Friday, 23 September 2011

Poland: more on the pluses and minuses of asylum system

PolandImage by gibranparvez via Flickr
Via: Pambazuka

Katarzyna Przybyslawska of the Halina Niec Legal Aid Center, answers criticisms to asylum procedures in Poland made by the Belgian Refugee Council (see its report here). Her candid responses shows once again the urgency of independent legal aid providers and their need for more capacity to carry out their work efficiently and effectively.

The Halina Niec Legal Aid Center (HNLAC) is a non-profit non-governmental organisation established in 2002 in Kraków. HNLAC’s main objective is to protect human rights by providing free legal aid to persons at risk of social exclusion and discrimination, including the poor, victims of domestic violence, foreigners, asylum seekers and refugees. The HNLAC also monitors the adherence to standards of human rights, undertakes legal interventions and advocacy activities, and pursues research and educational projects. The centre also undertakes activities aimed at preventing and tackling human and child trafficking by organising social campaigns and offering legal aid to the victims. The HNLAC is UNHCR’s implementing partner in Poland.

The Belgian Refugee Council (BRC) report provides an assessment of the situation of asylum seekers in Poland, in particular those who were sent back to Poland as a country responsible for examining asylum application on the grounds of the Dublin II regulation. The report recognised both positive and negative aspects of Polish asylum system.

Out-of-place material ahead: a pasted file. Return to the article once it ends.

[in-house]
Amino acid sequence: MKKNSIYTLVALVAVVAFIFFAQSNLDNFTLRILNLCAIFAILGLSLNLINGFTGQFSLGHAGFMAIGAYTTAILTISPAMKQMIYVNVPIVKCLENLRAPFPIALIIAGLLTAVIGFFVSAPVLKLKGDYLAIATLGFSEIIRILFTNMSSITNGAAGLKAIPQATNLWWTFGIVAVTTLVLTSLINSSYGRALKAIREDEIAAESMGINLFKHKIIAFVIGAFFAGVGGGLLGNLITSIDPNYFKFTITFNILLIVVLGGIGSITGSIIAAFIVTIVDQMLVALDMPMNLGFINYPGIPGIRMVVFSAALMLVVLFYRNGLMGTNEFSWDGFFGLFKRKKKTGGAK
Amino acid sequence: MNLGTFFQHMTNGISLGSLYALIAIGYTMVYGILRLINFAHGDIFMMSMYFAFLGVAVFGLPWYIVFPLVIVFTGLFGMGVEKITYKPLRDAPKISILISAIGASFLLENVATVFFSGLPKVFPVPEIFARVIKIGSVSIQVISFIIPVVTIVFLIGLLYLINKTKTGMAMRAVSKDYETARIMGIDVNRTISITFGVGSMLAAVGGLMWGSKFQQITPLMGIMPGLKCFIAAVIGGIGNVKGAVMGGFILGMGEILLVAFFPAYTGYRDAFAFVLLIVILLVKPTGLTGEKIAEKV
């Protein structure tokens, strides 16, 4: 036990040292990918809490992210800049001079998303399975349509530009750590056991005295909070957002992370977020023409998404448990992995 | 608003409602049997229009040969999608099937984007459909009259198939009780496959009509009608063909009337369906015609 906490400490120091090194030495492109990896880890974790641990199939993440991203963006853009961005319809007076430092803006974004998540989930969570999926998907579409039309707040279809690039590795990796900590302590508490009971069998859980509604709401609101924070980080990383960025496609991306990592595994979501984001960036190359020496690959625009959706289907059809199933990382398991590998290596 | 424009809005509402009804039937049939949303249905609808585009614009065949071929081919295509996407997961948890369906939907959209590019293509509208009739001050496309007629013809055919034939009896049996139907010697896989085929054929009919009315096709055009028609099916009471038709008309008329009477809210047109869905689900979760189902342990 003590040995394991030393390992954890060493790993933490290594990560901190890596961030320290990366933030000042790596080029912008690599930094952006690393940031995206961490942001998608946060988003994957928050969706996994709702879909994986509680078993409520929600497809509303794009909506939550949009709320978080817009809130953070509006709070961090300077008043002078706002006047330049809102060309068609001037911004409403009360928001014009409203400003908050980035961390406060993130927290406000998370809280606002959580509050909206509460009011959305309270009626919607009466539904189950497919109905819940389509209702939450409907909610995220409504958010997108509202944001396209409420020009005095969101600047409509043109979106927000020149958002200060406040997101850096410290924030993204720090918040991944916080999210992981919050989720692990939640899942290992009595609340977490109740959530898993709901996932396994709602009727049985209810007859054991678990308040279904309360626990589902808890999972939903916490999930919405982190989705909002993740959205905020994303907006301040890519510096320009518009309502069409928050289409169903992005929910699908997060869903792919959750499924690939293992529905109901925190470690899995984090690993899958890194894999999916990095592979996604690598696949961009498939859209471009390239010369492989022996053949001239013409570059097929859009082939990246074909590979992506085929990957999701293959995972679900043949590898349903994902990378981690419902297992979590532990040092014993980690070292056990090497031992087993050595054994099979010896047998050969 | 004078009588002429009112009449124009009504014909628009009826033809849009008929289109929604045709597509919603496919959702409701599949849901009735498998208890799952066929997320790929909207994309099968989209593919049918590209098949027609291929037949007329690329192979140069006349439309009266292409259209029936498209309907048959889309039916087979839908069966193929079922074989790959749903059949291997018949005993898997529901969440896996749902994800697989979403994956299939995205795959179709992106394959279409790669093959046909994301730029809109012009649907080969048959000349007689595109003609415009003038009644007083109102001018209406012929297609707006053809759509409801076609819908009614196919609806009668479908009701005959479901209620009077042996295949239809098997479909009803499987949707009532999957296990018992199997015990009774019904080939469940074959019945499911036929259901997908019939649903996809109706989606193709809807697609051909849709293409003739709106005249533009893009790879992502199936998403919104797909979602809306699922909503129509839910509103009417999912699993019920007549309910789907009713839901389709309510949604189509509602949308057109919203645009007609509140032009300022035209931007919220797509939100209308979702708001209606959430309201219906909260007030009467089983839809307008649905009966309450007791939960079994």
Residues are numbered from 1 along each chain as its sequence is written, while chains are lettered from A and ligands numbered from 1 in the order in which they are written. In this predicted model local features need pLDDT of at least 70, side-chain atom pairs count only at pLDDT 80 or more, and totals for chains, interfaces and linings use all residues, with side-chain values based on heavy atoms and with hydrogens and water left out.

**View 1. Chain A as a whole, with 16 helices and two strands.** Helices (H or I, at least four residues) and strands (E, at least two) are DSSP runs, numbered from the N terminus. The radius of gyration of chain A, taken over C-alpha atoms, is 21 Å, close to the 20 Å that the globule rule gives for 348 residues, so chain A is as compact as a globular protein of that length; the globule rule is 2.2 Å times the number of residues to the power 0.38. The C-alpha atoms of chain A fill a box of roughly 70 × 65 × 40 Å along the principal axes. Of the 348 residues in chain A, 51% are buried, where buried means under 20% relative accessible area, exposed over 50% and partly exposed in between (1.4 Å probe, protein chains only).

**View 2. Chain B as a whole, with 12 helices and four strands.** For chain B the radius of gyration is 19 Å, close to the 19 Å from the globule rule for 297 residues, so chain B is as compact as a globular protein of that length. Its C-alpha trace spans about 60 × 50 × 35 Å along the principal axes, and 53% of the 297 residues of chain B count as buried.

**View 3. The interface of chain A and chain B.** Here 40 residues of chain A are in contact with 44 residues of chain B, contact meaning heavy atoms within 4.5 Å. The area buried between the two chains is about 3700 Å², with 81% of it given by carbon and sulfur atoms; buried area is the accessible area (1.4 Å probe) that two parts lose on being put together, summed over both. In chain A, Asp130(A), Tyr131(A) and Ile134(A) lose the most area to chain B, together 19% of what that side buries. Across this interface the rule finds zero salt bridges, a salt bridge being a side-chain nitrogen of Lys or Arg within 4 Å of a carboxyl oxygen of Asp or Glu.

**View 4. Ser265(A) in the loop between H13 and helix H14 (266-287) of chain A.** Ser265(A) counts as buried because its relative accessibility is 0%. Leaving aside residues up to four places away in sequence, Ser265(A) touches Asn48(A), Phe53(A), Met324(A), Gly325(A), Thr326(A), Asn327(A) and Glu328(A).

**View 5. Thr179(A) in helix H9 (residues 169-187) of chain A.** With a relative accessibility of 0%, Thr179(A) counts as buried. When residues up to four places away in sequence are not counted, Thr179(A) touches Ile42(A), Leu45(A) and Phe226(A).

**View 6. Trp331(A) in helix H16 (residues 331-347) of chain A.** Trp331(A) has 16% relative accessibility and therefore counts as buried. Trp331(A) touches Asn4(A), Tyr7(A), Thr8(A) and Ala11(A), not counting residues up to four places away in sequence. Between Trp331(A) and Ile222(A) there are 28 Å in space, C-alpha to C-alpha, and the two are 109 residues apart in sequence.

The first technical comment in response to the report is the erroneous use of the phrase: ‘closed reception centre/prison for asylum seekers’. There are no closed reception centres for asylum seekers in Poland and the establishment in Biala Podlaska is in fact a guarded center for foreigners … for the purpose of expulsion.

The Belgian Refugee Council praised the existence of non-EU based national protection status (tolerated stay permit) in the Polish legal system. The HNLAC wishes to stress the importance of this status with regard to safeguarding foreigners’ right to family life (art. 8 of the European Convention on Human Rights and Fundamental Freedoms). It should be noted however that given the ongoing preparation of a new act on aliens and act on granting protection to aliens, this protection instrument will soon undergo a change and foreigners seeking legalisation of stay in Poland solely due to their family ties will be eligible for a regular residence permit. The tolerated stay permit will be still applied in cases of risks to other basic human rights.

The BRC report indicates that the Belarusian Movement of Medical Workers provided information about returning … some asylum seekers of Chechen origin to Belarus. The HNLAC regularly monitors the border crossing with Belarus, where the majority of asylum applications are submitted as part of its Access Management and Support (AMAS) project and UNHCR implementing partner agreement. The monitoring includes examining individual complaints sent from the border crossing and regular missions to the border.